Board exploring hospital’s future

Published 1:17 pm Wednesday, April 28, 2010

Staff Writer

The Board of Commissioners of Beaufort Regional Health System, which includes Beaufort County Hospital, hired a consulting firm to help the health-care provider plan its future operations — a plan that may include affiliation with another hospital system.
Tuesday, the board unanimously voted to approve a contract with HealthCare Appraisers Inc. of Delray Beach, Fla, to explore options, including an arrangement whereby Beaufort County Medical Center would “lease its facilities to another hospital system that would assume future operational responsibilities for the hospital.”
Bill Bedsole, BRHS’ chief executive officer, said in an interview after the board’s vote that affiliation with another hospital is just one of the options the commissioners and the consulting firm will explore as they plan for BRHS’ future in a difficult economy.
One recently published report characterizes the predicament for smaller, rural hospitals as a “fight for survival.” In that report, Mark Pascaris, a vice president and analyst with Moody’s Investor Services, said consolidation is key for many small providers to remain viable.
“I would be the first to say we are struggling,” Bedsole said. “That’s what we’re in right now, a fight for survival, and we have to decide how best to do that.”
The yearlong downturn in the economy has created financial difficulties for the hospital as people in the community delay medical treatments as part of their own cost-cutting measures, reducing the demand for hospital services, he noted.
Despite cost-cutting measures of its own, the medical center has lost about $1 million to date this year, Bedsole said.
In January, the health system’s board began a study of ways it could improve profitability, including the possible affiliation of the local hospital with a larger hospital — a move that is part of a national trend for hospitals of a size similar to the 142-bed Beaufort County Medical Center — and possible additional cost-cutting measures.
“We need to look at where we are and where we need to be to meet the health-care needs of the people in the community,” he said. “We’re not committing to anything.”
A group of 11 doctors at the hospital — including Chief of Staff Thomas Penders and Vice Chief of Staff Rachel McCarter — stopped short of endorsing an affiliation with another institution in a letter dated April 26 and sent to Edwin M. Hardy, chairman of the health system’s commissioners. But they told the commissioners “to maintain the highest standard of care Beaufort County Medical Center will require ongoing investments in infrastructure and staff. … In the current era of decreased reimbursement and increasing regulatory oversight any existing financial issues will likely only be magnified in the future and it is our feeling that a long term solution which allows for continued investment into this institution is in the interests of the patients, staff and community.”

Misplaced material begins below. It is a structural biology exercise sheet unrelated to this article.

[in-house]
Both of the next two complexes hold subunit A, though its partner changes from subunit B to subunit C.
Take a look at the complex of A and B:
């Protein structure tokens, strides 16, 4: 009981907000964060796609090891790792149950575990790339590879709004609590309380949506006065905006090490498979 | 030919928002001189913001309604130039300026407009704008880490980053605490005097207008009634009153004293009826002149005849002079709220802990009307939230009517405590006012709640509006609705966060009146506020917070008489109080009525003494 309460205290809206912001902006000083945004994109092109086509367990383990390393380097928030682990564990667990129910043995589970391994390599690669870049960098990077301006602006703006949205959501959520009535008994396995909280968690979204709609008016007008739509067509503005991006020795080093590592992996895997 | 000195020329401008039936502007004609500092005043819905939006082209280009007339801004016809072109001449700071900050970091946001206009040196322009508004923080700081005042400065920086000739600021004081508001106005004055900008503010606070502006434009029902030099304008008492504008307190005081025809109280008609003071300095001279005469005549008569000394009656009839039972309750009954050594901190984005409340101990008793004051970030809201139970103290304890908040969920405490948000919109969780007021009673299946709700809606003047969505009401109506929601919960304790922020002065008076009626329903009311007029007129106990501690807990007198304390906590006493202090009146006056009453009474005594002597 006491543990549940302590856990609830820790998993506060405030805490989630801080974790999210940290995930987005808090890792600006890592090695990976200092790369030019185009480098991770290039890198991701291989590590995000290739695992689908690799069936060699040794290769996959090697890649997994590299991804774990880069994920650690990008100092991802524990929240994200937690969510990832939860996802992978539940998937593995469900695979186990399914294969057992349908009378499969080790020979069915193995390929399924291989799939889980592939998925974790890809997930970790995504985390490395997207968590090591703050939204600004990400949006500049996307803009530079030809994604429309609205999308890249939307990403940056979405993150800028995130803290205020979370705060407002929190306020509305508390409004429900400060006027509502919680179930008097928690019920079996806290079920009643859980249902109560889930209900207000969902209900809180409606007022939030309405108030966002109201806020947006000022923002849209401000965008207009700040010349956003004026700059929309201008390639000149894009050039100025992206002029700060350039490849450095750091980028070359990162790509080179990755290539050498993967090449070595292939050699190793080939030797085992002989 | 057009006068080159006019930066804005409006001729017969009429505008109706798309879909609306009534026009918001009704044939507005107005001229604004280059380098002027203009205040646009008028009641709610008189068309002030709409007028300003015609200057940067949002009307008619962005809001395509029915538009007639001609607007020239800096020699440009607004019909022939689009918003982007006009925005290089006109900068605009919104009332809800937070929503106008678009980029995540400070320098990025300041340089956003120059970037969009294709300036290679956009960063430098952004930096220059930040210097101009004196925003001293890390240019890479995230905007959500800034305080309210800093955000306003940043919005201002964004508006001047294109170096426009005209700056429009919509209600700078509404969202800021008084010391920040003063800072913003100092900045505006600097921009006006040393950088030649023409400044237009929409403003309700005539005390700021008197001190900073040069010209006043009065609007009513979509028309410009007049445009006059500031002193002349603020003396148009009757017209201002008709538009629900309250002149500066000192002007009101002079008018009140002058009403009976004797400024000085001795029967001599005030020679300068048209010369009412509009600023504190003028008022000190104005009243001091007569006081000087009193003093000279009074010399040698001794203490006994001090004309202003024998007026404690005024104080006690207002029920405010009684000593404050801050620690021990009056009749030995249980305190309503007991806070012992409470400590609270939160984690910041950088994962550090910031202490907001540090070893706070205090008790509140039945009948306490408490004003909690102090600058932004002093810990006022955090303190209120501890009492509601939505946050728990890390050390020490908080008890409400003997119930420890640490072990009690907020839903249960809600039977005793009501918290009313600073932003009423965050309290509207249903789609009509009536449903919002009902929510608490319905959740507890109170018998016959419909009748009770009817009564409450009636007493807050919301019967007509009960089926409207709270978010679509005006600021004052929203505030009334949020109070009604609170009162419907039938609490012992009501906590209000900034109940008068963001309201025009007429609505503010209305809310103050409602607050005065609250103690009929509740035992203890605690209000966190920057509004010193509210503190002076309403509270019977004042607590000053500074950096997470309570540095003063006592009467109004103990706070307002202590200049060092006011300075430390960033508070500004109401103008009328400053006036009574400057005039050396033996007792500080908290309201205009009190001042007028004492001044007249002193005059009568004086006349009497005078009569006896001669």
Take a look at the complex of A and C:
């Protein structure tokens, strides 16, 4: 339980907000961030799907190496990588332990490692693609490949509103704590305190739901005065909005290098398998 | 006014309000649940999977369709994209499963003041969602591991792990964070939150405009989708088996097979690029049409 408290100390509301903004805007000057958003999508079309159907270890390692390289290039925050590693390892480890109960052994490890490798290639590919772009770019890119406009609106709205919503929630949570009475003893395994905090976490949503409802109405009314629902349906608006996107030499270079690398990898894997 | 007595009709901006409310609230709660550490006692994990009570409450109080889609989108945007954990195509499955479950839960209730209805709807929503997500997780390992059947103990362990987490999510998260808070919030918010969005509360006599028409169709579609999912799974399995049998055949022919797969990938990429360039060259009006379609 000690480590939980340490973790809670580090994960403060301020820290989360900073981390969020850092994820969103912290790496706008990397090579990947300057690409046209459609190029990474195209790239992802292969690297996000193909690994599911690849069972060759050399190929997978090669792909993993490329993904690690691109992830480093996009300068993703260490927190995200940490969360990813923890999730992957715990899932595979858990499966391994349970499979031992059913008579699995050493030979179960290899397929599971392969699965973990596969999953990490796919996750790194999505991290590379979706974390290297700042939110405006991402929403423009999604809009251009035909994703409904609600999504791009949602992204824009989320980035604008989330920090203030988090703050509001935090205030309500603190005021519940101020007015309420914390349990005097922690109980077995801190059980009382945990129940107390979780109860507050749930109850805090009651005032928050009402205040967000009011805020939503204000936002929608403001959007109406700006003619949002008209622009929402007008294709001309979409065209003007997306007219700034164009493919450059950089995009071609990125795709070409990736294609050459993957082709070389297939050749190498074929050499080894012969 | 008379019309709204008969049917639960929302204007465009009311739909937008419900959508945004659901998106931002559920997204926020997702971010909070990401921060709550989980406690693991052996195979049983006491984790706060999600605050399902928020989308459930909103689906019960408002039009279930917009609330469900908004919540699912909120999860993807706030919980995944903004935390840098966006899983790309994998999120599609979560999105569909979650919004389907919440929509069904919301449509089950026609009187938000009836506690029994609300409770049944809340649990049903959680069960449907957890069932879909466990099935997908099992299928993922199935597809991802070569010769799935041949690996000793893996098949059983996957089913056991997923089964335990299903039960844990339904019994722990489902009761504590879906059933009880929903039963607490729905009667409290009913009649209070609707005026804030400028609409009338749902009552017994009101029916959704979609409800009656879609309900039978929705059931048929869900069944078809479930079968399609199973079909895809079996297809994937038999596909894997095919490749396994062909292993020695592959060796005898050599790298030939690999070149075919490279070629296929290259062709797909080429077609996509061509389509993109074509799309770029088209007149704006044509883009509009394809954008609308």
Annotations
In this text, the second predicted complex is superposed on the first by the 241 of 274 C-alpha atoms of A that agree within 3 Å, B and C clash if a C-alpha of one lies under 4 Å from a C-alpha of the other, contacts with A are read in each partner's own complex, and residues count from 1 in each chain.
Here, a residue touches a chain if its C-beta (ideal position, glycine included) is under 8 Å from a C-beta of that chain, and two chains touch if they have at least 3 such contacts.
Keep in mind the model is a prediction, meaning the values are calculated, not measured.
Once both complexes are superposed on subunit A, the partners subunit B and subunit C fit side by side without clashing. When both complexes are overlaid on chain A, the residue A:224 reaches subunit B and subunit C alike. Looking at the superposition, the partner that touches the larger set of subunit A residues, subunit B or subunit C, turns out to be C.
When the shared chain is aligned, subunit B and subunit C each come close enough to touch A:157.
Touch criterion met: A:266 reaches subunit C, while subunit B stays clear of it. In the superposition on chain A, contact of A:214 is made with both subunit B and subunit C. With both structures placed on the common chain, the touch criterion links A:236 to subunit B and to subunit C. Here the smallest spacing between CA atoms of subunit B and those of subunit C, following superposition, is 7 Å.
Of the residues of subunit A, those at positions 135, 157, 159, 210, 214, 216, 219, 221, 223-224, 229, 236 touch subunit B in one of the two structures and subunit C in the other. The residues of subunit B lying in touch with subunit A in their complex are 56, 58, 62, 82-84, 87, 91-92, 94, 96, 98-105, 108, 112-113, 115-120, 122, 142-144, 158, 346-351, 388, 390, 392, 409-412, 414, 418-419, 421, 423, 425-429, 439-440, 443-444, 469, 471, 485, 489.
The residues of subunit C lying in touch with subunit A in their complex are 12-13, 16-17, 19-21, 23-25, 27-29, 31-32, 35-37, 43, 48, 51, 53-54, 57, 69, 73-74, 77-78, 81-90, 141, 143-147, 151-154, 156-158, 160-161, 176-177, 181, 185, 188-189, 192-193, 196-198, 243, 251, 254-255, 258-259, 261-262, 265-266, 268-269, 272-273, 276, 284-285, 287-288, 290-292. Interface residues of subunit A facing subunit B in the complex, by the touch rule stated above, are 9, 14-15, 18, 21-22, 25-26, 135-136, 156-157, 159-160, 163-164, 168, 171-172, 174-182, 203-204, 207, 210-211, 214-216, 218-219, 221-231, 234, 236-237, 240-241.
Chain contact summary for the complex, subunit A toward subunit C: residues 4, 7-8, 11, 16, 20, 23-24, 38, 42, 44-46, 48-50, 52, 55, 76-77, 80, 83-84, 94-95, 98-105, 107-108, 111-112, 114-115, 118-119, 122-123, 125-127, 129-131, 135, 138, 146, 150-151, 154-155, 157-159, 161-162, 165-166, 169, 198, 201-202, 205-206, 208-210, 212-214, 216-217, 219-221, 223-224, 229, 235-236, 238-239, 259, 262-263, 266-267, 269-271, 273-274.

Hospital consolidation was pushed in the early 1990s by managed-care contracts. Today, health-care experts expect that trend to continue as a result of the recent passage of health-care reform legislation.
In North Carolina, UNC Health Care purchased Rex Hospital in 2000 and Chatham Hospital in 2000, while Duke University Health System purchased Raleigh Community hospital in 1998, renaming it Duke Raleigh Hospital. Duke also holds the contract to manage Durham Regional Hospital, while WakeMed Health &Hospitals manages Harnett Health System. University Health Systems of Eastern North Carolina has aligned itself in recent years with a number of hospitals in eastern North Carolina.
HealthCare Appraisers was one of four consulting firms evaluated by the health system’s commissioners to undertake the study, which will be conducted in three phases. In the first phase, HAI will seek hospitals that may be interested in leasing operations at the Beaufort County Medical Center. In the second phase, HAI will help the health system prepare the needed information in order to seek bids. In the third phase HAI will help the commissioners evaluate any bids that are submitted, according to the contract.
The contract includes estimated fees for each phase as follows: $16,000 to $20,000 in hourly fees for the first phase; $22,000 to $30,000 in hourly fees for the second phase and $16 to $24,000 for the third phase.
“We can stop at any phase,” Bedsole said.